hen Bob Grossic (BSBA ’08, MBA ’10), director of Medicaid strategy and performance management at Highmark Inc., heard about the Mentoring Match Program at the College of Business Administration (CBA), he knew he wanted to give back to the Pitt community. “I believe mentoring is one of the most important and rewarding activities that a professional can participate in, both from the mentor’s and the mentee’s perspective,” Grossic says. “I feel proud to offer my advice by mentoring students, hearing their stories, and answering their questions.” Shortly after volunteering for the program, he was contacted by Teresa Leatherow (BSBA ’19), a supply chain management and business information systems student headed into her senior year. Grossic coached Leatherow on the consulting industry and helped her prepare for interviews. Eventually, an opportunity emerged at Highmark in the company’s prestigious Leadership Acceleration Program. Leatherow applied, was accepted by Highmark, and started the program after graduation in April 2019. Students and alumni can create a Mentoring Match profile in minutes. The system uses an algorithm to suggest alumni matches who have similar interests. Students also have the ability to search for alumni by applying filters, including company, job title, industry, and geographic location. Students are encouraged to use the platform for quick exchanges with alumni for questions, resume reviews, and interview tips. “The important thing for students to remember is that the alumni want to hear from you,” says Audrey J. Murrell, associate dean of CBA and director of the David Berg Center for Ethics and Leadership. “Every one of them signed up on their own because they remember what it was like being a student and want to help.”

This pay-it-forward attitude also resonated with Katie Hazelbach (BSBA ’15), a partnership activation executive with the NBA’s Minnesota Timberwolves and the WNBA’s Minnesota Lynx in Minneapolis. She connected with Matt Gary, a junior focusing on business information systems and marketing, because he was looking for an edge to break into the sports industry. “There are a lot of misconceptions about what it means to ‘work in sports,’ and I believed I could offer advice to someone trying to forge his or her own path,” Hazelbach says. “I was hoping to use it as a way to remain connected to the university.” Hazelbach offered advice on classes to take, professors to talk to, and conferences to attend. She even shared her professional contacts, putting Gary in touch with a colleague at the NBA headquarters in New York City. That gave Gary, who at the time was interning for the ACC Network, an inside track to the highly competitive NBA summer internship program. “Alumni should get involved because it’s easy to forget that someone once helped them,” Hazelbach says. “Along the way, there is at least one person who reached out a hand or offered a piece of advice that had a profound effect on all of us. It’s important to pay it forward. You never know how your words and actions can impact someone.” Katz and CBA alumni interested in participating in the Mentoring Match program can learn more information at pittbusiness.xinspire.com. business.pitt.edu | 13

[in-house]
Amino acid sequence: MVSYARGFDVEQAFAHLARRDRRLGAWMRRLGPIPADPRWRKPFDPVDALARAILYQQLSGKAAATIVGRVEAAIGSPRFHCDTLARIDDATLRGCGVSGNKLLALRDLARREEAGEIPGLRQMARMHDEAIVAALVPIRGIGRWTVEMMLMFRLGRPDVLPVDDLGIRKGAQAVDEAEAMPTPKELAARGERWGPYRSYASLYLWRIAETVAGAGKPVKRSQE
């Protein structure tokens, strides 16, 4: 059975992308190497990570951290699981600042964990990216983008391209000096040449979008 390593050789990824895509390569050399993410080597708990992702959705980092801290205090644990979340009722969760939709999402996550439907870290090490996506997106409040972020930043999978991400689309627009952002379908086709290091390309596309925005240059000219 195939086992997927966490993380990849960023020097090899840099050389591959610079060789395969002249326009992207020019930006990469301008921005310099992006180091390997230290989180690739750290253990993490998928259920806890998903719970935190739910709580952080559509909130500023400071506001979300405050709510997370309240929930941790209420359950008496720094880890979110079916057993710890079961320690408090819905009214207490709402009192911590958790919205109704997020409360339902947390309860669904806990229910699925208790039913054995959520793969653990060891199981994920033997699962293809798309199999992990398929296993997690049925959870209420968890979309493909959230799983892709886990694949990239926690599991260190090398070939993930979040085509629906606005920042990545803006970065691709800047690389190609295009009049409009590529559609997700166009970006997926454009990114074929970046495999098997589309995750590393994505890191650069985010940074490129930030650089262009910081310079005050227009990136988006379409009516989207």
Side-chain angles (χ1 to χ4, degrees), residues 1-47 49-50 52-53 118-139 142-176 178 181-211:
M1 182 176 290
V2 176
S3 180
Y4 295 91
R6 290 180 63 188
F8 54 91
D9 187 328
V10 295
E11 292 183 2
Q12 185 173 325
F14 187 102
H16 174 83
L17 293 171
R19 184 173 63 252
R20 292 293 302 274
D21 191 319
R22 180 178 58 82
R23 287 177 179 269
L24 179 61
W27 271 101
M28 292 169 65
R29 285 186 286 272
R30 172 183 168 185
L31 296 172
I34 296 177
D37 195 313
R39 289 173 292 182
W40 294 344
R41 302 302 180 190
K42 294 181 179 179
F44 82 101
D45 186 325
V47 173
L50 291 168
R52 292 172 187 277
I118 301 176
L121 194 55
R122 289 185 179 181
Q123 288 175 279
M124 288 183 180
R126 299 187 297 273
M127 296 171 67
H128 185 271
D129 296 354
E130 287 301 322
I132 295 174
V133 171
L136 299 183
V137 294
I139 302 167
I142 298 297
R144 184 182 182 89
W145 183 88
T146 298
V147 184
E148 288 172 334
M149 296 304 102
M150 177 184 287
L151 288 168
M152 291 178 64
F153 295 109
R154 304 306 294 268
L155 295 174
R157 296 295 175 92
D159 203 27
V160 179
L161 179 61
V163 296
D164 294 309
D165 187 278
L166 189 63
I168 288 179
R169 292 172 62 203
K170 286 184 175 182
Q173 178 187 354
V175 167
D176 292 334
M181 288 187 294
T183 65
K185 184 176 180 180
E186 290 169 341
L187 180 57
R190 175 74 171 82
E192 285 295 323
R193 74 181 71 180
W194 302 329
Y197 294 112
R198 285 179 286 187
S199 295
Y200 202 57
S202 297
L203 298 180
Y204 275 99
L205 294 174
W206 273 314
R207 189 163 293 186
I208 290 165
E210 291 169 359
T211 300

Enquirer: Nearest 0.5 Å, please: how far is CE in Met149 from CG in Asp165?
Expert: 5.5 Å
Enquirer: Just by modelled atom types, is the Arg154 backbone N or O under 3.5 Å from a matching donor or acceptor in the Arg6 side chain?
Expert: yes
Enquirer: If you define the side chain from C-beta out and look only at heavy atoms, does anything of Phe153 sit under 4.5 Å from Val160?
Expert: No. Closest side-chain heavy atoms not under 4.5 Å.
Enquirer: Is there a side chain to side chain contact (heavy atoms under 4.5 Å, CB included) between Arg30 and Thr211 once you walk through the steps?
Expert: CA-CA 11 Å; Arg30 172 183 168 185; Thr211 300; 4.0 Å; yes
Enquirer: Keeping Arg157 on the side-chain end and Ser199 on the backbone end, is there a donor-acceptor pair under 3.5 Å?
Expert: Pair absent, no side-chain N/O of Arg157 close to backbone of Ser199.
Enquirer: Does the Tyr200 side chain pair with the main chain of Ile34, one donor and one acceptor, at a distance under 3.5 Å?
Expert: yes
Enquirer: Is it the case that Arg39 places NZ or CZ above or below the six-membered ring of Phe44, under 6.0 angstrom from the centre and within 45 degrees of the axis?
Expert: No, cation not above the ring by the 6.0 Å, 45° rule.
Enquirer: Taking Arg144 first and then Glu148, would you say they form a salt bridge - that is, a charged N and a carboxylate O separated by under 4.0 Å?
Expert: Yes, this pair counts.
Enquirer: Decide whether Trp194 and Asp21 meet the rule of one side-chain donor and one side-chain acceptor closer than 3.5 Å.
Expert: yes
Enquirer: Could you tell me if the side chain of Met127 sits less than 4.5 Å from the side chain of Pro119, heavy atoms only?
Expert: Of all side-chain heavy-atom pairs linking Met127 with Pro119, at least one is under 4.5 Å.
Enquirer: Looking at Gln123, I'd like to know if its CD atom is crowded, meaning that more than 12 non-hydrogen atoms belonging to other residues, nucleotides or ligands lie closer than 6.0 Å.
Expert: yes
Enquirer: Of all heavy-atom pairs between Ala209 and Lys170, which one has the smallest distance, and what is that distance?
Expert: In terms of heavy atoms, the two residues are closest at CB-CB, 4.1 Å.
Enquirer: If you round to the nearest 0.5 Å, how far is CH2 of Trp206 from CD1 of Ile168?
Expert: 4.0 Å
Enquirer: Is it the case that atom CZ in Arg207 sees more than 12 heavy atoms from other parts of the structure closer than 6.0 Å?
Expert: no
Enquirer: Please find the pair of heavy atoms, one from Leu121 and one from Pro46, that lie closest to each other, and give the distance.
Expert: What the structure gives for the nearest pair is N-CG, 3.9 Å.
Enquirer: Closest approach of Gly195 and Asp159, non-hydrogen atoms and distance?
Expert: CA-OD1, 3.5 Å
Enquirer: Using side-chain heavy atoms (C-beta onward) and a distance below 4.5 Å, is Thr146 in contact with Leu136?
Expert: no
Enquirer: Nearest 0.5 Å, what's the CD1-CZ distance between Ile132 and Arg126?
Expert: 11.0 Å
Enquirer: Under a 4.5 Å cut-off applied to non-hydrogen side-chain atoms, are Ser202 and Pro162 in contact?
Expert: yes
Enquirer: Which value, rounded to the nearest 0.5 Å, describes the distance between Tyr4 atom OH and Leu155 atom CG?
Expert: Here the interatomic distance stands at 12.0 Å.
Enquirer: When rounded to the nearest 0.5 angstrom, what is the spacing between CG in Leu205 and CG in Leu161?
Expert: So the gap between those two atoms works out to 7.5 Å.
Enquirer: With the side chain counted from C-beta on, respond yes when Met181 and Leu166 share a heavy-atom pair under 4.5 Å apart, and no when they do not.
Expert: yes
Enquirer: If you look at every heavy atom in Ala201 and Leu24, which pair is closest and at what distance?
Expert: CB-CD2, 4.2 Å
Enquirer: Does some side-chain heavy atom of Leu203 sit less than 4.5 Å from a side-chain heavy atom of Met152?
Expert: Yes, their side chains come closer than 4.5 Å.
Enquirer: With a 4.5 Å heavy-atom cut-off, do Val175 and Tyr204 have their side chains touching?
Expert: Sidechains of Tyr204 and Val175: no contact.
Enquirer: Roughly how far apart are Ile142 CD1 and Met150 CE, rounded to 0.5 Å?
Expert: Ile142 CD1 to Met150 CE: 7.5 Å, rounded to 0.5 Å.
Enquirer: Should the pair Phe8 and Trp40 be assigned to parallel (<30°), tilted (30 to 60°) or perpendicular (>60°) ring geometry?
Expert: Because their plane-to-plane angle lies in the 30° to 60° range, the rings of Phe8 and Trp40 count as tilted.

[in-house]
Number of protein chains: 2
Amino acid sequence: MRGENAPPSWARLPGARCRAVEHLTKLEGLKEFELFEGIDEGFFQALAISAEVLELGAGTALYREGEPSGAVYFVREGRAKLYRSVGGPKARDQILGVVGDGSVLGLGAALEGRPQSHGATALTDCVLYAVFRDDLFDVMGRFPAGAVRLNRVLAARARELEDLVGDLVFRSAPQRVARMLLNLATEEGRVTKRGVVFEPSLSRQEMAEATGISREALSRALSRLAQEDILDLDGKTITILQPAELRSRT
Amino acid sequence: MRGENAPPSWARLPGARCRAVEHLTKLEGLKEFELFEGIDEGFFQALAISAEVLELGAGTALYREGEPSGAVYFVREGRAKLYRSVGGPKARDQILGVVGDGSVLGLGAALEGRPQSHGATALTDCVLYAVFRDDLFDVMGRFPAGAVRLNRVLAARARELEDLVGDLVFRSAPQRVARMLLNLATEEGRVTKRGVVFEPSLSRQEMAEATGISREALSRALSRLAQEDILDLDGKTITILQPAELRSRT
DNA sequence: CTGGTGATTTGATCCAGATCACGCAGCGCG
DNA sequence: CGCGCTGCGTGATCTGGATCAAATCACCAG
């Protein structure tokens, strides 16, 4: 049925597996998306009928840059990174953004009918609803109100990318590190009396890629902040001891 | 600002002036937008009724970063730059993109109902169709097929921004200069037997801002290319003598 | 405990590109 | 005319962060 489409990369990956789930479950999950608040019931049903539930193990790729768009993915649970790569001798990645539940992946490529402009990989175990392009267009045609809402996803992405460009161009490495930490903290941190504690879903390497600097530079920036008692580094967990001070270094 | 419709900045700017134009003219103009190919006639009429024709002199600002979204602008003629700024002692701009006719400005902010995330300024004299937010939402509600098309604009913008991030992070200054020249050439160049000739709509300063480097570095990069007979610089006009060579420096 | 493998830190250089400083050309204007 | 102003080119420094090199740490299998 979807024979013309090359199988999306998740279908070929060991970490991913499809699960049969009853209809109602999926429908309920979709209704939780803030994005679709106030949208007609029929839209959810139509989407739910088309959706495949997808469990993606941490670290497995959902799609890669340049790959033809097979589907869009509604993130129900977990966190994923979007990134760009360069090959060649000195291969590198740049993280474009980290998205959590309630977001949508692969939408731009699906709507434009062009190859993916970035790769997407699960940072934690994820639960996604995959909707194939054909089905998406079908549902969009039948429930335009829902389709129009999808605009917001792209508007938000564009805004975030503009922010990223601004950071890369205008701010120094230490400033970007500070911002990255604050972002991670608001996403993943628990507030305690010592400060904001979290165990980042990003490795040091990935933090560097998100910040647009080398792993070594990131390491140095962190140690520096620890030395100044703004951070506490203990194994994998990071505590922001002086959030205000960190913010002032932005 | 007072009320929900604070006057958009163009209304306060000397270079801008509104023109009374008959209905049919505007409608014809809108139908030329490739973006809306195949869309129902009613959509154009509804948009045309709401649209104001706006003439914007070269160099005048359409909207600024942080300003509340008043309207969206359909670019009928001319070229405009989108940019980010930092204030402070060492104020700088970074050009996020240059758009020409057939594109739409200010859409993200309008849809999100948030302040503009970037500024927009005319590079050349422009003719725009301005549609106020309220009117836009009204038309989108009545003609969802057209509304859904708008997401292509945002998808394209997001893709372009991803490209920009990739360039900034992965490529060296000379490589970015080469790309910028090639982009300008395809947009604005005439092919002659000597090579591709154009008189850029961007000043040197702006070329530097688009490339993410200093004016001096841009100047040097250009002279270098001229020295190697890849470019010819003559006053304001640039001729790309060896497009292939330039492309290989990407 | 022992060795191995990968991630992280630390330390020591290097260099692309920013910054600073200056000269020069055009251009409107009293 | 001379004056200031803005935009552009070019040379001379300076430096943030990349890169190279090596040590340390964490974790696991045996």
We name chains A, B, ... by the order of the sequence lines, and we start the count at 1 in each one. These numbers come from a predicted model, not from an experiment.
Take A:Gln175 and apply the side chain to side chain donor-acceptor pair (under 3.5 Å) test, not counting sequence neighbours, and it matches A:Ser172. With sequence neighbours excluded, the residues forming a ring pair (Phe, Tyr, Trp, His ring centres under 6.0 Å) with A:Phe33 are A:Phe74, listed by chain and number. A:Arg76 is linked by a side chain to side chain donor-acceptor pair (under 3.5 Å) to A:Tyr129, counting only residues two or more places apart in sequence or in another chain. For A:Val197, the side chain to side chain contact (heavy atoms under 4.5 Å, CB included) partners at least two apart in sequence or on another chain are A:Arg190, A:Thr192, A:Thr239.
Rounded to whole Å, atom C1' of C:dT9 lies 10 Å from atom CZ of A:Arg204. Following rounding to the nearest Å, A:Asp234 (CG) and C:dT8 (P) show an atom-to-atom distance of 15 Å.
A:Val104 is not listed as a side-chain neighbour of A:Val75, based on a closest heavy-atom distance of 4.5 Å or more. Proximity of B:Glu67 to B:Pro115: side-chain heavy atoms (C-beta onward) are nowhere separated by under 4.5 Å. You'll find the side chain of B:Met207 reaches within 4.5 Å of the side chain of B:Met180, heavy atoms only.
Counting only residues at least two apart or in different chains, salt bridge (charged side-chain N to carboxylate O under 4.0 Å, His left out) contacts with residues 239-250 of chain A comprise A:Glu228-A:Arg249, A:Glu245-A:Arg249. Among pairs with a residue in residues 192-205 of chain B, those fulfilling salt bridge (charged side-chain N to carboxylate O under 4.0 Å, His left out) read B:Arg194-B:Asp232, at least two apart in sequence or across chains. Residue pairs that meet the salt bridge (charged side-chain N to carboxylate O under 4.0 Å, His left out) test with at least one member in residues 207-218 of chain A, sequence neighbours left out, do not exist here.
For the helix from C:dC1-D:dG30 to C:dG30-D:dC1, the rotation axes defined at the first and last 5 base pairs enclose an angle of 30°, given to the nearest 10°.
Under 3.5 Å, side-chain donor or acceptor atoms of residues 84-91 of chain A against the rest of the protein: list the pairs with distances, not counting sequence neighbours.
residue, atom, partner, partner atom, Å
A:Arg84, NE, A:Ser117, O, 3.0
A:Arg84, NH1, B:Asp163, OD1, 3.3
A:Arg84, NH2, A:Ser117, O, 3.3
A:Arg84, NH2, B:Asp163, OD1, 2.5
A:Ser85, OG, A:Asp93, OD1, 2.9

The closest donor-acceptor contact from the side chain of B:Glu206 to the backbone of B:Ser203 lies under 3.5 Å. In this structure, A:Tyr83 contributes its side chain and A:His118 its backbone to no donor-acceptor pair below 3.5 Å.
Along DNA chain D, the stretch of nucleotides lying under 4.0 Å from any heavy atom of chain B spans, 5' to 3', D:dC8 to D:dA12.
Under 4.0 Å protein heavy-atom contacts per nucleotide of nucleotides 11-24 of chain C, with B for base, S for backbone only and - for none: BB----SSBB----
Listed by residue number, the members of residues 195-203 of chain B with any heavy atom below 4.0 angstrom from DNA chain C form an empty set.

e hear these terms with ever-growing frequency. That’s because more and more businesses and organizations understand that these methods are essential to rigorous decision-making. To prepare students to become future leaders in the area of business analytics, the Joseph M. Katz Graduate School of Business created a program for a STEMdesignated MBA with Business Analytics. Students can choose to enroll in the program on a full-time or part-time basis as part of Katz’s MBA programs. In addition, there are five Master of Science STEM-designated Business Analytics degree programs, in conjunction with accounting, finance, management, marketing science, and supply chain management. Katz now offers a 15-credit Graduate Certificate in Business Analytics and a nine-credit micro-credential in Data Programming for Business Insights for those who have already earned a graduate degree or are not quite sure if a business management degree is right for them. Rabikar Chatterjee, associate dean and Gulf Oil Foundation Professor of Business, says Katz’s business analytics programs offer students training in cutting-edge business analytics methods. “Students will be equipped to hit the ground running as managers who can lead in the development and implementation of business analytics– driven approaches to improve organizational decisions in today’s complex and fast-changing business environment,” 14 | Pitt Business Magazine • 2019